After bugging Rounder for a while about making a solo album, I decided to take matters into my own hands and recorded a demo of some tunes. They asked me if they were going to get to hear it. And when they did, I got a call from them saying they'd like for me to record for them. My solo recording career began. In retrospect I am glad they made me wait, I believe that this was a better debut because of it. At the time, I was dying to record.

I was encouraged to pick my favorite musicians to play with. I started with Russ Barenburg, who had played guitar on "Tony Trischka and Country Cooking albums." He was my guitar hero at the time for his melodic qualities and beautiful tone.

I was also very impressed with Bob Appelbaum, a mandolinist in Boston with wide range. He knew bluegrass and jazz and was very open minded.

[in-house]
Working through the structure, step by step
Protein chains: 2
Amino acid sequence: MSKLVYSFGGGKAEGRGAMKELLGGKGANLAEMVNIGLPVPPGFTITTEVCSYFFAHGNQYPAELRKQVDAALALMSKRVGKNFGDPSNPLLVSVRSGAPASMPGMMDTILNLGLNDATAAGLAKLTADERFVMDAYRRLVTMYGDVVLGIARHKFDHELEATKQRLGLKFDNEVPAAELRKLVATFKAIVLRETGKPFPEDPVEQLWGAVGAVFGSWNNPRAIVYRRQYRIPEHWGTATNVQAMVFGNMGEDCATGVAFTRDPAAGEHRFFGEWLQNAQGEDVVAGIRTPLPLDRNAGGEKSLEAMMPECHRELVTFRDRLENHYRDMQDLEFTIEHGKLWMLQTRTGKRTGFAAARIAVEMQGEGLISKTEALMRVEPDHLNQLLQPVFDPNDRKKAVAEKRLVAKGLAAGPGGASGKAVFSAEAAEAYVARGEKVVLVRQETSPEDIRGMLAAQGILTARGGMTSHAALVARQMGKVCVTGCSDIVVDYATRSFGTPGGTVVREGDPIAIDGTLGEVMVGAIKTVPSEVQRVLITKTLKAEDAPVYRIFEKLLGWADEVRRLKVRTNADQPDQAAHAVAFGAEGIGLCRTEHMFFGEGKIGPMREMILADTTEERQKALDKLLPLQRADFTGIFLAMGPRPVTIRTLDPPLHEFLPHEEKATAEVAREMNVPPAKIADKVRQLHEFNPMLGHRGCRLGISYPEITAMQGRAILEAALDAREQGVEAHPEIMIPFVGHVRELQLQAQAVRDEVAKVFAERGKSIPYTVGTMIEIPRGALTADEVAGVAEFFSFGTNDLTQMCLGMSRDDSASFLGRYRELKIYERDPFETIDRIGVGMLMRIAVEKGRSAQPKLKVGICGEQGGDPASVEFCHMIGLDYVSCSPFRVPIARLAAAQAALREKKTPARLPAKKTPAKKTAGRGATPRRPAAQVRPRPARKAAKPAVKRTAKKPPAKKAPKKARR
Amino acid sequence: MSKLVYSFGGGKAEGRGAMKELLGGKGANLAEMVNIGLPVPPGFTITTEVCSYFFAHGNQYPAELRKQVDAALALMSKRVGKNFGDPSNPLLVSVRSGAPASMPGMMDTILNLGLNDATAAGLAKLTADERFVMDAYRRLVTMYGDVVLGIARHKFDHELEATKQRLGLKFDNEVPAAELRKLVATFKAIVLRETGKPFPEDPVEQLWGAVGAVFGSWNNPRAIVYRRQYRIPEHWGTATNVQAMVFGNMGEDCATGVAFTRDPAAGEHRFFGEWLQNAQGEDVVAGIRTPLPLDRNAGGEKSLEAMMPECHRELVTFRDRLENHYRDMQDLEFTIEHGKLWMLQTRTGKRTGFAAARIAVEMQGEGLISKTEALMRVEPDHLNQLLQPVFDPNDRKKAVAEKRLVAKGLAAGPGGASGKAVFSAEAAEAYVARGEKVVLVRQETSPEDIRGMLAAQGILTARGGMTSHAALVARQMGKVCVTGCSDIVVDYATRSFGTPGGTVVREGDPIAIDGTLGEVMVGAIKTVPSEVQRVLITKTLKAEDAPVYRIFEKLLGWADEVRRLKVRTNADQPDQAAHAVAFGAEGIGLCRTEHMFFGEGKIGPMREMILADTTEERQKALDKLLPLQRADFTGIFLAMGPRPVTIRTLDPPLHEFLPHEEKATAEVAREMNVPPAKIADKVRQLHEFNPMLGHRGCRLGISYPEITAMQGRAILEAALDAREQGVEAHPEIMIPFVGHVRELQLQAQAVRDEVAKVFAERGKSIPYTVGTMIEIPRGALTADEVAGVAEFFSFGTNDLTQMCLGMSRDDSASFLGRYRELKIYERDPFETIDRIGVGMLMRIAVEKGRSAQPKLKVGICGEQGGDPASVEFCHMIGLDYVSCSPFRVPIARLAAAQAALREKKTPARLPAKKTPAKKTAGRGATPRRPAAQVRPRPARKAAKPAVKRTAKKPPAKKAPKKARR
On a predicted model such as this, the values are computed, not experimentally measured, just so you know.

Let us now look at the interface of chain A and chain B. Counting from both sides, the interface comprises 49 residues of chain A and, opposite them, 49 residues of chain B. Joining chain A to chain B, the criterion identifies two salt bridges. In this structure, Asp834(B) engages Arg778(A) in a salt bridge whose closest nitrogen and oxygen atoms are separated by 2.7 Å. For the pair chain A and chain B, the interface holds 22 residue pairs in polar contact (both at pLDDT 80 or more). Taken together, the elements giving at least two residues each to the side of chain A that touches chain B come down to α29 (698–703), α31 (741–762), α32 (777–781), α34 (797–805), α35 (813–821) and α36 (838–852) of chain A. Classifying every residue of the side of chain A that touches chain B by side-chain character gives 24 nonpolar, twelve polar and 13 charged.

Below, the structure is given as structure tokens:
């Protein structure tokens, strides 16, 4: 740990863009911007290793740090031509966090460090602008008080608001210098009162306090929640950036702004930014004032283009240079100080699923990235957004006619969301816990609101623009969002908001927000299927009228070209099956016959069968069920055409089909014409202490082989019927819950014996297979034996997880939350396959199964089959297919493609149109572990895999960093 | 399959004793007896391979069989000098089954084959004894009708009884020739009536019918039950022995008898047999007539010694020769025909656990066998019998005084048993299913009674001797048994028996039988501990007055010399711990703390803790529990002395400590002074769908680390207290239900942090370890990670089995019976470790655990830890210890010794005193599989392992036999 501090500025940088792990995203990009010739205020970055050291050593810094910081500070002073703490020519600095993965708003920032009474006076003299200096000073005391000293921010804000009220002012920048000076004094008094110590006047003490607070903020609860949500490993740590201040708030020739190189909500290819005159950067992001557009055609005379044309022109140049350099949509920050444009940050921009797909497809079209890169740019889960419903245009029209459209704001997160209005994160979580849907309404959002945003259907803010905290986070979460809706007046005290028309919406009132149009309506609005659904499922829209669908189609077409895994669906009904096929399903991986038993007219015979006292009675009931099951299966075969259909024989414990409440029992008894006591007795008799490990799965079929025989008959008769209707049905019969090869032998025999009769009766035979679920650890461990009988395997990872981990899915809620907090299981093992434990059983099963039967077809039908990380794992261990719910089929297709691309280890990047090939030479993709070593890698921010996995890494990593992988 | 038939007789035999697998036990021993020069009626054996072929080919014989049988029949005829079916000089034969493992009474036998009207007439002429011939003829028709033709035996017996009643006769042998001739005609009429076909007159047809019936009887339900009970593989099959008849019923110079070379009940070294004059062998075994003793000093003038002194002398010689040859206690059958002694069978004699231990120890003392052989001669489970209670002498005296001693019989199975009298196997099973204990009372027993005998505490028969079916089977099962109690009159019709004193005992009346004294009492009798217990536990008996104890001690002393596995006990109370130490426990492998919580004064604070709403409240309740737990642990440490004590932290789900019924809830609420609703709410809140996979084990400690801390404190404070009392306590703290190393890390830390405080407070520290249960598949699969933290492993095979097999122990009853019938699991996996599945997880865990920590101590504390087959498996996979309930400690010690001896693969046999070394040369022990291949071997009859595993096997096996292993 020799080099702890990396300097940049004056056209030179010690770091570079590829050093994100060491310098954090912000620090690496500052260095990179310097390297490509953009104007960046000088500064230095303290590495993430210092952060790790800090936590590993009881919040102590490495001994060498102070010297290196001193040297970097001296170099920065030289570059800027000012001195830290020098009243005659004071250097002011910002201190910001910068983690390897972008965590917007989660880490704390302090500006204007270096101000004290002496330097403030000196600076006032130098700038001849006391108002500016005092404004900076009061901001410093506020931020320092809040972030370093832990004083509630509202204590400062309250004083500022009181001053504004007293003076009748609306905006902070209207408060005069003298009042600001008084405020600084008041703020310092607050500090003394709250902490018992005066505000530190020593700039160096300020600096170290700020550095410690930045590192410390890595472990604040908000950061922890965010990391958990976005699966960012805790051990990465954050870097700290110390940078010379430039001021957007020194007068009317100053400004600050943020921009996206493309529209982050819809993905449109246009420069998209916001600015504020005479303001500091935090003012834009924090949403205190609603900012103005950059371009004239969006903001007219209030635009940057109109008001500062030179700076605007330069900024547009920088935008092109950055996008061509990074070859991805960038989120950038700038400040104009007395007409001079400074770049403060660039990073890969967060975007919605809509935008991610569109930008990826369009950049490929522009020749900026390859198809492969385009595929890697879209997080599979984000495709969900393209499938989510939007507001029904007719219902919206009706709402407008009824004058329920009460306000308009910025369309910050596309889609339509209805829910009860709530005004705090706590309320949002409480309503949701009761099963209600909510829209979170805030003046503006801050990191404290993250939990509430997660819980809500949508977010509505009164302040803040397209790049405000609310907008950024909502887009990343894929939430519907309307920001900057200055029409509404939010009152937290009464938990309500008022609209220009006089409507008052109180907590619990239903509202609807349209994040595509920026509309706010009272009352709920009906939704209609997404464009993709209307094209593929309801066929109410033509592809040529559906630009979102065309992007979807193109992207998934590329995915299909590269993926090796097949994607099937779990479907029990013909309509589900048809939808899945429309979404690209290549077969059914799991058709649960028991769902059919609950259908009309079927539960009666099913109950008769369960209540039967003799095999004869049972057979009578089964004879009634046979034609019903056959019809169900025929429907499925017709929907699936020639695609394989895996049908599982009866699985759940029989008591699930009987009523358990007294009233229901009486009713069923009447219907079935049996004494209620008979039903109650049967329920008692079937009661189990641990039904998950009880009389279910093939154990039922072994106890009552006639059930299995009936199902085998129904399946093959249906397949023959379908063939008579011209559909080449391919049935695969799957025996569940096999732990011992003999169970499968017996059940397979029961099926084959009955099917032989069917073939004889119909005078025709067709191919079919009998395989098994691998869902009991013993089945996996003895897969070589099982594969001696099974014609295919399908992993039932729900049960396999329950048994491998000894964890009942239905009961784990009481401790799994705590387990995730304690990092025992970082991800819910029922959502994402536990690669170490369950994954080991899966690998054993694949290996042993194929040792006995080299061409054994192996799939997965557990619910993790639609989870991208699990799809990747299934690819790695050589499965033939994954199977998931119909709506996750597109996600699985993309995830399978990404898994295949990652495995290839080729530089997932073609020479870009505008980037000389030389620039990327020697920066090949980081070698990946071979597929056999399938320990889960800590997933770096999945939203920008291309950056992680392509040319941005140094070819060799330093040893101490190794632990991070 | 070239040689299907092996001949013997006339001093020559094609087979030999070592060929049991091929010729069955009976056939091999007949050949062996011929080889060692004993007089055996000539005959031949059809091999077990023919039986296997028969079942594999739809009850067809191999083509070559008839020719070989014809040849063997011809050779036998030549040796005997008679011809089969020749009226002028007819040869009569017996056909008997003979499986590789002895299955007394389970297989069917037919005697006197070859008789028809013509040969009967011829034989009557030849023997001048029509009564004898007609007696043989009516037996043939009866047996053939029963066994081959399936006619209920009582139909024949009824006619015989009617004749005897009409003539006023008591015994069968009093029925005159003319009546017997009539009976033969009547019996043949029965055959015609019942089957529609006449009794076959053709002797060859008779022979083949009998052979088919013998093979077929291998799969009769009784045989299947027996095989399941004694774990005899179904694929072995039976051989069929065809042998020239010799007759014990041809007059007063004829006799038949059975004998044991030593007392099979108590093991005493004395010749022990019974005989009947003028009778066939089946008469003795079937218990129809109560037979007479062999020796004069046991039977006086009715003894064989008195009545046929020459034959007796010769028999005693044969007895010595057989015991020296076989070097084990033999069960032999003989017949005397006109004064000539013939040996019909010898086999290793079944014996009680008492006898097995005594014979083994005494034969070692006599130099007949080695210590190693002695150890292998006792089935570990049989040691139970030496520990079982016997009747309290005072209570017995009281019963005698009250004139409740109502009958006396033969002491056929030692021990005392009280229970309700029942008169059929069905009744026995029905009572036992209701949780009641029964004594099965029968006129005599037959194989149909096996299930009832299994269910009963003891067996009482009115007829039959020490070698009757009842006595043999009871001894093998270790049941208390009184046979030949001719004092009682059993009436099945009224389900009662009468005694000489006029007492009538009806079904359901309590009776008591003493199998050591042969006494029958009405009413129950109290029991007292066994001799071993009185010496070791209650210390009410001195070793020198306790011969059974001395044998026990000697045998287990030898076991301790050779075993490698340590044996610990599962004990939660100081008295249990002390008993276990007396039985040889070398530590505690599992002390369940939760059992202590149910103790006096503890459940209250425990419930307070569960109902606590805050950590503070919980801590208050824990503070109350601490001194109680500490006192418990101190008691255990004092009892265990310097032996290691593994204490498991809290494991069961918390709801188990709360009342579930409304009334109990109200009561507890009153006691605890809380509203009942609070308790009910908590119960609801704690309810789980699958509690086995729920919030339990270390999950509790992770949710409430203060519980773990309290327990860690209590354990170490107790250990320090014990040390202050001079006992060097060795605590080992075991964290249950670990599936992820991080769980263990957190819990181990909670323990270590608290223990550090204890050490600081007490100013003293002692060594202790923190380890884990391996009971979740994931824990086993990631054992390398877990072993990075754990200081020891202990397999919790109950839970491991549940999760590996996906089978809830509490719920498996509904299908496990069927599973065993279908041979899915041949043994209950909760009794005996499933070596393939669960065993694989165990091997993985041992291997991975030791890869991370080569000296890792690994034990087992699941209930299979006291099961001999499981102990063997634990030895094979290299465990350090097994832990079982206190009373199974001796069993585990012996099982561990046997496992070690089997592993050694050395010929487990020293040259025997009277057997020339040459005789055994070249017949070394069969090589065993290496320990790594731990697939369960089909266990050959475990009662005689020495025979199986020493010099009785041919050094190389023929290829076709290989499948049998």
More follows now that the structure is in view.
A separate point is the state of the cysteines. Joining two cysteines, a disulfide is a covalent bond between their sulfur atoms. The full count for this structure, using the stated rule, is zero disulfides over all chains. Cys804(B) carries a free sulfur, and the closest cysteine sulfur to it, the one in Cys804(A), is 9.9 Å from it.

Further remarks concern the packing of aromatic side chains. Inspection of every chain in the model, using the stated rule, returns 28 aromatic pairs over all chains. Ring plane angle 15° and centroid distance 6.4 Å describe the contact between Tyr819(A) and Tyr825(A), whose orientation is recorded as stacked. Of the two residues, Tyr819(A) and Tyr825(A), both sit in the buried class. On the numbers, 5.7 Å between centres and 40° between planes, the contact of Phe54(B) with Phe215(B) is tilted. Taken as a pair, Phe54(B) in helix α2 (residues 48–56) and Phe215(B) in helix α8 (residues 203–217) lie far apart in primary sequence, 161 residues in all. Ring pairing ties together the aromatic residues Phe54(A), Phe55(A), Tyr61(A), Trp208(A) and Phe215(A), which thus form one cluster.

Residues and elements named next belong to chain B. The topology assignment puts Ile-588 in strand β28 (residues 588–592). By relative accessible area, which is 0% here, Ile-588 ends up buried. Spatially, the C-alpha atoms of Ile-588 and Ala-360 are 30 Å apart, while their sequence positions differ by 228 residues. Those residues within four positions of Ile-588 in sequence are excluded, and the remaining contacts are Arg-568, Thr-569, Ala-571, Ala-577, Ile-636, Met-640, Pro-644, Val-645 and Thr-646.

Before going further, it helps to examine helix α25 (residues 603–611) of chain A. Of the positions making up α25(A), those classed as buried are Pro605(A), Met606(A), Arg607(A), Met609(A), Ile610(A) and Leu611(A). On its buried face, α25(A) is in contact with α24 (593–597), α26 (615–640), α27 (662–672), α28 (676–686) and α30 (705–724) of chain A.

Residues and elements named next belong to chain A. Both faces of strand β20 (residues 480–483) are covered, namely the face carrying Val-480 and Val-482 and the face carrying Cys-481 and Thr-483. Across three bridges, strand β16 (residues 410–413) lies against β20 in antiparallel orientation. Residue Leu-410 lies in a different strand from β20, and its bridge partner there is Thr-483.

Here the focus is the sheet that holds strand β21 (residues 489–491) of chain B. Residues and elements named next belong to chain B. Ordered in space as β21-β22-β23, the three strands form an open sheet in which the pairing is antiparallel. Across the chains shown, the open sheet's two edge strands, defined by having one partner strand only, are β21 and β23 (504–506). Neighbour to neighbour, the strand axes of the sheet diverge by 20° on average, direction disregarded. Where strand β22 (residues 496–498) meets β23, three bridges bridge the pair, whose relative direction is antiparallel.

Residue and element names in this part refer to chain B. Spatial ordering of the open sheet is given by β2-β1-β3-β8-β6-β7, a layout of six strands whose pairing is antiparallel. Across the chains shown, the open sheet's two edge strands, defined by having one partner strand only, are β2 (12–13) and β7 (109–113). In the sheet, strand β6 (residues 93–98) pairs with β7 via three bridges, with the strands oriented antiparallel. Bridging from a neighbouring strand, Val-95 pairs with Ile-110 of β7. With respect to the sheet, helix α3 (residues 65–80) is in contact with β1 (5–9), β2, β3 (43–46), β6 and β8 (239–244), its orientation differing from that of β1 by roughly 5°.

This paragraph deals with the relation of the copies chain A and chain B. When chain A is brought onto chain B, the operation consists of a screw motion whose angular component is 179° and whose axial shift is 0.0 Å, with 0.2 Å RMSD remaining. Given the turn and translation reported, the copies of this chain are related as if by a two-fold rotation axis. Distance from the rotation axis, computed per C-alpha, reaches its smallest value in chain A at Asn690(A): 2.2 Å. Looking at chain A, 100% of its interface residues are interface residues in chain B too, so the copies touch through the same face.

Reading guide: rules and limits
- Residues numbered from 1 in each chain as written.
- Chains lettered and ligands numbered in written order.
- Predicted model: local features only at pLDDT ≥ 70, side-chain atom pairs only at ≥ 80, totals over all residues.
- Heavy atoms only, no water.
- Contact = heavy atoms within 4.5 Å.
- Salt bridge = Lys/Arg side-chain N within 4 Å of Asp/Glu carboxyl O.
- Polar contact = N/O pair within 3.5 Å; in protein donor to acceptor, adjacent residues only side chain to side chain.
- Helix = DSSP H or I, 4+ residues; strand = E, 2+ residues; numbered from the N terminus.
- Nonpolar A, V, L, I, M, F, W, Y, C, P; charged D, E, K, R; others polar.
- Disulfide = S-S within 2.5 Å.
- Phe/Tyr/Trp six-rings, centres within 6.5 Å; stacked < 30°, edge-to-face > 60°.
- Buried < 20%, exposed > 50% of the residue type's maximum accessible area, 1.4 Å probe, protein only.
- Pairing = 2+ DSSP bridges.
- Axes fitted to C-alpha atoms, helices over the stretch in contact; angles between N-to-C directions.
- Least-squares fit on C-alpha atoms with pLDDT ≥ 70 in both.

Mark Schatz and I were becoming best friends and I loved his bass playing. He was in Tasty Licks and was a lot of help to me. He was really into playing and took the time to let me try my ideas out.

I studied all my bluegrass albums to figure out who would be my "wish list" fiddle man. I kept coming back to Sam Bush, but I didn't know if I'd be able to get him. His playing was so raw and powerful, and I loved it. Luckily he came to Boston to play Jonathan Swift's with New Grass Revival and we were able to get him to stick around for a couple extra days to record.

I also got Pat Enright to sing on a couple of things. Pat was in Tasty Licks at the time. He is a powerhouse bluegrass singer, and I remember wondering what he'd sound like singing this Fats Waller tune. By the time I was finishing up the album, Tasty Licks was over, and he had moved back to Nashville. I made a trip down to get Pat and Jerry Douglas on the record.